Michael Peticolas never imagined after more than a decade as a lawyer, he would walk away from his practice and become a respected leader in the Dallas craft brewery community.
A fifth-generation lawyer, Peticolas graduated from South Texas College of Law in Houston and spent several years building his career, though he jokingly admits, the family business was always something of a backup plan if he didn’t end up playing music or playing soccer professionally.
“Before I went to law school, I set goals for myself as a lawyer and by 2010, I had done all that,” he says. “I opened my own law firm and provided the financial freedom I wanted.”
And it’s a good thing he did — Peticolas’ inaugural brew and flagship beer, Velvet Hammer, is one of the most coveted beers in Dallas-Fort Worth.
But opening his brewery was just the beginning. In 2013, Peticolas was elected to the board of the Texas Craft Brewers Guild to help shape industry legislation in favor of small brewery owners. The catalyst? Texas Senate Bill 639, a new law that simultaneously enabled alcohol distributors to profit from the sale of a brewery’s distribution rights and revoked the same privilege for brewery owners. The law passed in 2013.
“I became involved when there was a bill introduced that took away craft brewers’ rights,” Peticolas says.
“Because of my background, I took offense to that and wanted to get involved because we should be expanding these rights.”
The next year, in December of 2014, Peticolas Brewing Co., along with Revolver Brewing in Granbury and Live Oak Brewing Co. in Austin filed a lawsuit against the Texas Alcoholic Beverage Commission to overturn the bill. Peticolas has since spent countless hours on the case researching the facts and evidence, convening other brewers who feel the law is disingenuous, and traveling to the state capitol for oral depositions.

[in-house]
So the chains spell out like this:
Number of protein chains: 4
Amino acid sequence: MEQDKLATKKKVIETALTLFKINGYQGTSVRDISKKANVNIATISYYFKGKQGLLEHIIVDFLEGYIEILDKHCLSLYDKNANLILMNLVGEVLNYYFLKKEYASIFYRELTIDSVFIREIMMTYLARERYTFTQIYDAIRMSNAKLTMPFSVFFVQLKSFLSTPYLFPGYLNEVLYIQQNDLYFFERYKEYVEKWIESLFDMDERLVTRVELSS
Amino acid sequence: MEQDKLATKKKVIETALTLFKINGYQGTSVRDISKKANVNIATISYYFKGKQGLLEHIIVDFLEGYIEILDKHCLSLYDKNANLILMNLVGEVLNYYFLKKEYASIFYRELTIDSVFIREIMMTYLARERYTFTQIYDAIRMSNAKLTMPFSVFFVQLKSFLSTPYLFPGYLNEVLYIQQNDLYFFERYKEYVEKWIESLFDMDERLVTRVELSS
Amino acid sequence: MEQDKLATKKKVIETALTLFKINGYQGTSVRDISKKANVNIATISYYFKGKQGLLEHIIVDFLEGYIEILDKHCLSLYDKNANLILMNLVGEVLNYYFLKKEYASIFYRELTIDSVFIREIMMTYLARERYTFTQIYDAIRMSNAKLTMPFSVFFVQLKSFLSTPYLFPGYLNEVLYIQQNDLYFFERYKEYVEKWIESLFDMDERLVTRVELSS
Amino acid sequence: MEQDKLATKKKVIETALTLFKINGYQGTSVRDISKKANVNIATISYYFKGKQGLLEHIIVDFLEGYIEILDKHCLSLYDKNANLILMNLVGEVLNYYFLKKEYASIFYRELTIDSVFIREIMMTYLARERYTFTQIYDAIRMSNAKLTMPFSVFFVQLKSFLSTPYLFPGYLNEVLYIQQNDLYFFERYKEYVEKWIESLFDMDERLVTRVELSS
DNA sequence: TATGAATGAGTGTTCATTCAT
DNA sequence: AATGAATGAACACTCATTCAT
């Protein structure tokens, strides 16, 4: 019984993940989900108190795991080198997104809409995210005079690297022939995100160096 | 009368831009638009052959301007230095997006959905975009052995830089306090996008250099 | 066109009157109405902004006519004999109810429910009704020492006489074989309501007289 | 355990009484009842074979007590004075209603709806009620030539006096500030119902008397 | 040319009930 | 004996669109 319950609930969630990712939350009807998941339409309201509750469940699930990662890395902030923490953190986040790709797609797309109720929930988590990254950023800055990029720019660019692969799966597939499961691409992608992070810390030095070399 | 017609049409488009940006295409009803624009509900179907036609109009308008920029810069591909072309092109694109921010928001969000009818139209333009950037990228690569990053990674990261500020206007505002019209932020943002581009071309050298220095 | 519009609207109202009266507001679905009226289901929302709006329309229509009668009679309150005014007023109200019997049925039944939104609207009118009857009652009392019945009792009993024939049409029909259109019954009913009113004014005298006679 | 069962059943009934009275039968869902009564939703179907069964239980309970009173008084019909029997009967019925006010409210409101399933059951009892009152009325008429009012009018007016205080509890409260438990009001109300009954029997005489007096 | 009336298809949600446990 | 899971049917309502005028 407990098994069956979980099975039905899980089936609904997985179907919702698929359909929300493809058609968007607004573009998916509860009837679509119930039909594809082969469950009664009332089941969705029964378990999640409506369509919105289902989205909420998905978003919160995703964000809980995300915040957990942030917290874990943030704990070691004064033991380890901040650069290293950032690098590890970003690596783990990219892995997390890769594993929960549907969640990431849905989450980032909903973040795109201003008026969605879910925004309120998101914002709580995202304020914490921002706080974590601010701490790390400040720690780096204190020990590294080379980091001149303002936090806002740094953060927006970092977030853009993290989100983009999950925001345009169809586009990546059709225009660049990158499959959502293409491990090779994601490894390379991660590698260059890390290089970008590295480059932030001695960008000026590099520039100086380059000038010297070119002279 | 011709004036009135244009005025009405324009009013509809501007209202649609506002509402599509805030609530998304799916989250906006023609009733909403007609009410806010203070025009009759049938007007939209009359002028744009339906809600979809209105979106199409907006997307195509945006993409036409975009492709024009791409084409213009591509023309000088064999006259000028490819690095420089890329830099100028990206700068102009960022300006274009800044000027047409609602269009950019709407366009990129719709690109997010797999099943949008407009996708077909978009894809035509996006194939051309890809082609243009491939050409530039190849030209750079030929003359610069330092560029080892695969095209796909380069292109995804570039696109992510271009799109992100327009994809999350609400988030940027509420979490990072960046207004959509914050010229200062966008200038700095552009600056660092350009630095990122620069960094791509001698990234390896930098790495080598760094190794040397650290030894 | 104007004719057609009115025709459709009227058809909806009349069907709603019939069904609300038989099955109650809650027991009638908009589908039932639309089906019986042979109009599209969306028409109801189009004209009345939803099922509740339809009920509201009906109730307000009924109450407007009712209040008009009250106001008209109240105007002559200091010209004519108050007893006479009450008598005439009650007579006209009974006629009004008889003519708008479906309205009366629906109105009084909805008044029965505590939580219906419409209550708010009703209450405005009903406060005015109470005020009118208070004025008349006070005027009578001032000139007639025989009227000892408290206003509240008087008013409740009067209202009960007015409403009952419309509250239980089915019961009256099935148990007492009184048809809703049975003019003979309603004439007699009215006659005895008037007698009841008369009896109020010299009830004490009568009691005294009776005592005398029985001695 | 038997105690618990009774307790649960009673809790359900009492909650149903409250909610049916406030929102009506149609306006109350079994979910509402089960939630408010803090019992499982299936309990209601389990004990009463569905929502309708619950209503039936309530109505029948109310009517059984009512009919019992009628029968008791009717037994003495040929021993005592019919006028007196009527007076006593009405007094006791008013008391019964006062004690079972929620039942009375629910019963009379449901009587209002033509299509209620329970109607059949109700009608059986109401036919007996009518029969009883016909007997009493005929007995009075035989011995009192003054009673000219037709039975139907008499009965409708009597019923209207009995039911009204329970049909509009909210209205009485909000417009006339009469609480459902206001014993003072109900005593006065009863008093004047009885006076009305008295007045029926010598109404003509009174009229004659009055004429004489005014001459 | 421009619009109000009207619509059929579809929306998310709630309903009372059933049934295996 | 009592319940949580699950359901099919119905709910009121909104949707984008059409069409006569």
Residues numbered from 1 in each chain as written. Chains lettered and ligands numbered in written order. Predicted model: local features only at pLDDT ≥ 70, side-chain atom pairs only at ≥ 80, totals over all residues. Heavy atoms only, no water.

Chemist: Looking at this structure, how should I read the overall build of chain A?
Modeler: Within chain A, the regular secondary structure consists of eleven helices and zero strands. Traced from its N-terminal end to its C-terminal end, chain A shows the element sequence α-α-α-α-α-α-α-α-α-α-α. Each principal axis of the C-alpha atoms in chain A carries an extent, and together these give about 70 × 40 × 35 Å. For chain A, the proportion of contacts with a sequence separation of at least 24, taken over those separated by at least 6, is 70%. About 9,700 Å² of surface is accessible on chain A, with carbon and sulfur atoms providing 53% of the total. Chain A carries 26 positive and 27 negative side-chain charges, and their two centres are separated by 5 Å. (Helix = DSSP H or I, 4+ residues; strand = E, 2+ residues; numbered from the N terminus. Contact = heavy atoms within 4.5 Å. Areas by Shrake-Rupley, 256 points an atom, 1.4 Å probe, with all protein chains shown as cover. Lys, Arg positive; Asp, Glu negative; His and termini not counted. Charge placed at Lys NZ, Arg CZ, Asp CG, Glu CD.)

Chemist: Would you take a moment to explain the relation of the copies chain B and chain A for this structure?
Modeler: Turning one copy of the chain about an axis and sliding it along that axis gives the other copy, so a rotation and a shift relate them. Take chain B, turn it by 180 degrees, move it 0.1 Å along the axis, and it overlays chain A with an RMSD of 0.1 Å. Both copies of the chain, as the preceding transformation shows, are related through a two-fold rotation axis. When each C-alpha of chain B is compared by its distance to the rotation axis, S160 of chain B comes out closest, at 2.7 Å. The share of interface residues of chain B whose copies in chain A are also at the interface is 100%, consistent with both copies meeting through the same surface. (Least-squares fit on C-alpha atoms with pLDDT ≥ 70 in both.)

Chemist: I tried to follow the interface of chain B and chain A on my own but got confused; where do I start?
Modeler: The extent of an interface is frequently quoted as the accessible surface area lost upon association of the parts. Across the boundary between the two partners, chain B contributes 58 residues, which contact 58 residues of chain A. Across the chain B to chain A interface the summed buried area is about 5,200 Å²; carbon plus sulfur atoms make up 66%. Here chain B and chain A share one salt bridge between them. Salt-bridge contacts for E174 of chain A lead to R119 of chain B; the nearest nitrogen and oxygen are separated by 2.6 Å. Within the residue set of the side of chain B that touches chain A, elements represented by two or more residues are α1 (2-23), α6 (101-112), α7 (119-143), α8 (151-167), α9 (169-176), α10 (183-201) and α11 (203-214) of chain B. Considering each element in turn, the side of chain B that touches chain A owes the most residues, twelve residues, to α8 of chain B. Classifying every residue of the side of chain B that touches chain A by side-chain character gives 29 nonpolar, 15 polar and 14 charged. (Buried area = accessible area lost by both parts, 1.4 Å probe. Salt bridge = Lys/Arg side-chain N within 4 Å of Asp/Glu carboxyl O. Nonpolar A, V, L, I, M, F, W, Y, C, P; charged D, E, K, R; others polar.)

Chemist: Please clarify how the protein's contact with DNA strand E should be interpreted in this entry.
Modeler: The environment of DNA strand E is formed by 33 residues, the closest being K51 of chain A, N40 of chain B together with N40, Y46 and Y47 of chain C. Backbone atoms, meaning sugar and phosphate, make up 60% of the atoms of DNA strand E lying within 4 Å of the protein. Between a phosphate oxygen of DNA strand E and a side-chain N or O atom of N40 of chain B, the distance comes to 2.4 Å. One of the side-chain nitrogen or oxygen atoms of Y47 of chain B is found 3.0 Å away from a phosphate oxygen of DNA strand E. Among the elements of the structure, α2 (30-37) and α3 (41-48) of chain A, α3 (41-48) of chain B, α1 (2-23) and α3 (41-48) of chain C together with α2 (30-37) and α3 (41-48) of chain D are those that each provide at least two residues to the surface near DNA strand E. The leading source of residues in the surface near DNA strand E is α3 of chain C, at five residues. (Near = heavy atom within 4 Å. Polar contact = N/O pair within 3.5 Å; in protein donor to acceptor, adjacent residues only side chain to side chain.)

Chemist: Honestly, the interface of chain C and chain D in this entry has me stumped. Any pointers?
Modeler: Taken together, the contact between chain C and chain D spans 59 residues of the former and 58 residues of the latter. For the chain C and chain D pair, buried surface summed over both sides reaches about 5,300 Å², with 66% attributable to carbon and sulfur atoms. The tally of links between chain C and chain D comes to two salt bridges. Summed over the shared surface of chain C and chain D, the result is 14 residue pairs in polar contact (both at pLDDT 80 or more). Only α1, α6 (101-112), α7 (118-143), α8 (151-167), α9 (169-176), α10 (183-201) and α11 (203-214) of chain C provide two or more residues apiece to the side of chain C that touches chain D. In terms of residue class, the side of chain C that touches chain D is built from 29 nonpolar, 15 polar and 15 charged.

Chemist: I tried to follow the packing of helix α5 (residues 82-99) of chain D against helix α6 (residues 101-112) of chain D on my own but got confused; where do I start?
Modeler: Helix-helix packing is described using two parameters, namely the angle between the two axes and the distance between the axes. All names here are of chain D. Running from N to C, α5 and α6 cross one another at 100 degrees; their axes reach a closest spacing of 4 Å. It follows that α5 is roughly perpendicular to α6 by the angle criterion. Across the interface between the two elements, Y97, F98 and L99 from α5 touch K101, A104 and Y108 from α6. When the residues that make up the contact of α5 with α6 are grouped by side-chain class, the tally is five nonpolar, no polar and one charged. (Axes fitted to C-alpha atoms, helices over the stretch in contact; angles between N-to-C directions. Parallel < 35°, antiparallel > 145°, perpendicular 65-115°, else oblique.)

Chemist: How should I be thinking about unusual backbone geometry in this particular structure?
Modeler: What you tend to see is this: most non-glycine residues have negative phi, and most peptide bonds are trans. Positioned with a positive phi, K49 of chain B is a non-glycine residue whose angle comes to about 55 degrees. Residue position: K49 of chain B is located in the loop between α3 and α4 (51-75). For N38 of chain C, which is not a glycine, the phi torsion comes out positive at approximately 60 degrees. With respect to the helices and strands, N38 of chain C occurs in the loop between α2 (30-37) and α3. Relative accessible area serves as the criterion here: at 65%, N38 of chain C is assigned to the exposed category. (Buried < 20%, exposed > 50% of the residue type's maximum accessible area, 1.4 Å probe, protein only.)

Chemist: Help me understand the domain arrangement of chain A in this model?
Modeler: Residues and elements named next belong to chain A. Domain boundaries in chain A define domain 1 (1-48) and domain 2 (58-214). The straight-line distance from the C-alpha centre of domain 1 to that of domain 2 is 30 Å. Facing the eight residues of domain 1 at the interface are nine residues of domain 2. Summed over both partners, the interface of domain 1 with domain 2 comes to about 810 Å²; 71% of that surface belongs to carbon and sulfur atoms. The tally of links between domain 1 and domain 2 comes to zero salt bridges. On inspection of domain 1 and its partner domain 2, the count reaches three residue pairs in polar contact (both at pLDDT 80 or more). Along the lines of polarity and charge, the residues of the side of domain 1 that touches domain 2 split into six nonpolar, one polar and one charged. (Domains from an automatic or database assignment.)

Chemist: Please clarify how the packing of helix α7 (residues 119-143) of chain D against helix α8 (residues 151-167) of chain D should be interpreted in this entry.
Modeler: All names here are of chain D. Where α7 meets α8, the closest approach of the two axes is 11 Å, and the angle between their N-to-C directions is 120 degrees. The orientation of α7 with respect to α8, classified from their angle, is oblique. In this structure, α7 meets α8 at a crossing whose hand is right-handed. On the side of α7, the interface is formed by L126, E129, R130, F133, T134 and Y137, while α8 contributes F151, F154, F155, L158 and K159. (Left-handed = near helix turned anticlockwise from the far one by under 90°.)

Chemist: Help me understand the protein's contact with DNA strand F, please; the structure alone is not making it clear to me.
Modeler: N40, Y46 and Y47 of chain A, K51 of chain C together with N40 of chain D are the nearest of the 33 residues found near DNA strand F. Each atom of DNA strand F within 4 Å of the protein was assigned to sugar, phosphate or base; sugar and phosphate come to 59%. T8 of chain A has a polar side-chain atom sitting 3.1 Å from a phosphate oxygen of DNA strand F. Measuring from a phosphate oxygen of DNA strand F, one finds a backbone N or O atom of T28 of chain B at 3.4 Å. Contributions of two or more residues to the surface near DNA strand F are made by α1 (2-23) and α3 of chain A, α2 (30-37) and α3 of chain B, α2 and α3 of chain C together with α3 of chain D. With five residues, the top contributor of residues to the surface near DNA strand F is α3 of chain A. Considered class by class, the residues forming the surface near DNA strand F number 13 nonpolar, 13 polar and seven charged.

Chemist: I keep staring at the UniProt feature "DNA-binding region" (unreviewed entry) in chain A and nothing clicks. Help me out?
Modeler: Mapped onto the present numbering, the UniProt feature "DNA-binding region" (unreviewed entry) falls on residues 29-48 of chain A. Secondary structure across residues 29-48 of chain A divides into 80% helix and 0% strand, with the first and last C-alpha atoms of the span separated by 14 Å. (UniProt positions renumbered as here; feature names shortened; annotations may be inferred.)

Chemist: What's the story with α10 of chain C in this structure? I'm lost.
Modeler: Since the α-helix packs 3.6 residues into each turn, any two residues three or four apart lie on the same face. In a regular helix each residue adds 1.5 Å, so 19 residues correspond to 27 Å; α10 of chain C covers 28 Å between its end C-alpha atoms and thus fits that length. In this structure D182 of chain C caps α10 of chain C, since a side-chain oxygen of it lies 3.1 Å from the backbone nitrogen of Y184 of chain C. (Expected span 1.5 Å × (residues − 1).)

Rhett Keisler, the co-owner and president of Revolver Brewing, says Peticolas is not only a partner in the courtroom, he’s a friend.
“He is the real deal, an asset to the community,” Keisler says. “Michael is not only a great brewer, his legal background gives him a solid foundation to navigate his way logically through business challenges. And in addition to having a solid character, he is just fun to hang out with.
“Right after the case, I was kind of glad and happy to be over with it,” Peticolas says. “I really wanted to focus on my business and not worry about representing others — I was a little tired.”
But that wasn’t the end of the road. The state appealed the judge’s decision late last year, so the case will now move to the appellate court where it will be heard by a new justice or a panel of justices. There’s no telling how long the appellate process may take, Peticolas says.
Outside of the courtroom, the humble and quick-witted brewer has become a staple of the Texas beer scene, tirelessly working to develop his brand and help others along the way.
“Whether it’s trying to talk to a brewer who’s opening a brewery or talking about quality beer, I’m just trying to lead by example,” Peticolas says.
“I try to get involved with the state guild, with the legislative committee and in litigation so others will do the same, so we can test these boundaries and really and truly become a beer-centric state.”